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The first toy trains were made from lead and had no moving parts. Some had wheels which turned, but these needed to be pulled or pushed. Some of the early 19th-century drive toy trains were made of tinplate, like the large, durable, stylized locomotive toys from the U.S., which were painted gold and red and decorated with hearts and flowers. model trains in denver

Around 1875, technological improvements in materials and manufacturing allowed tin to be scraped, cut, wrapped, and lithographed faster than ever before.
Toy trains were revolutionized when Märklina German firm that specialized in doll house accessories, sought to make an equivalent toy for boys where a continuous revenue stream could be ensured by purchasing add-on accessories for years after the first purchase. In addition to boxed sets comprising a train and monitor, Märklin offered extra track, rolling stock, and buildings offered separately, creating the predecessor to the modern model train layout featuring buildings and scenery in addition to a working train.

Electric trains adopted, with the first appearing in 1897, produced from the U.S. company Carlisle & Finch. As residential use of power became more prevalent from the early 20th century, electrical trains gained popularity and as time went on, these electrical trains grew in sophistication, gaining light, the ability to change direction, to emit a whistling sound, to smoke, to couple and uncouple cars as well as load and unload freight. Toy trains by the first half of the 20th century were often made of lithographed tin; afterwards trains were often made mostly of plastic.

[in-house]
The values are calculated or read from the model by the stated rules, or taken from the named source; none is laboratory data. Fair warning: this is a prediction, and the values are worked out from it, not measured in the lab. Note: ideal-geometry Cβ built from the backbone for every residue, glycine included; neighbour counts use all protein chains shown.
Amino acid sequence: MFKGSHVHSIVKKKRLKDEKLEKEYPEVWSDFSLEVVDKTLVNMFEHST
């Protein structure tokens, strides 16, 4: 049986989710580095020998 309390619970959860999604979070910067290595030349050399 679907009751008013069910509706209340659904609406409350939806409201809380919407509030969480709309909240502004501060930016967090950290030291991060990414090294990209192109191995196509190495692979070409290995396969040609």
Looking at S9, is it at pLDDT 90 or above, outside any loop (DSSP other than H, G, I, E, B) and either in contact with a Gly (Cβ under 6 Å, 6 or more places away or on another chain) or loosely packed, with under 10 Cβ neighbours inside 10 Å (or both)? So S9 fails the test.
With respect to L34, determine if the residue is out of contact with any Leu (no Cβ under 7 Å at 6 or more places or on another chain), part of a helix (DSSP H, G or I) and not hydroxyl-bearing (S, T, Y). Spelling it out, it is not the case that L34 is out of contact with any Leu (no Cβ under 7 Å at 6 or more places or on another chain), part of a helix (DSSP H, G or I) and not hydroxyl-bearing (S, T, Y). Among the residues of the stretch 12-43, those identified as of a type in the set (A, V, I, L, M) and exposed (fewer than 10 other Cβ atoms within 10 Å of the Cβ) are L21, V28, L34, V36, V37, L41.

Before the 1950s, there was little distinction between toy trains and model railroads–model railroads were toys by definition. Pull toys and wind-up trains were marketed towards kids, while electric trains were marketed towards teenagers, particularly teenaged boys.
Consumer interest in trains as toys waned in the late 1950s, but has experienced resurgence since the late 1990s due in large part to the popularity of Thomas the Tank Engine.

Now, S gauge and O gauge railroads are still considered toy trains even by their own adherents and are often accessorized with semi-scale model buildings by Plasticville or even K-Line (who owns the rights to the Plasticville-like buildings created by Marx from the 1950s into the 1970s). However, due to their high price, one is more likely to locate an HO scale or N scale train set in a toy shop than a O scale set.

Many modern electrical toy trains contain sophisticated electronics that emit digitized sound effects and permit the operator to securely and easily run multiple remote controller trains on one loop of track. In recent decades, many toy rail operators may operate a train with a TV camera in the front part of the motor and hooked up to a screen, such as computer monitor. This will show a picture, similar to that of a real (smaller size) railroad.

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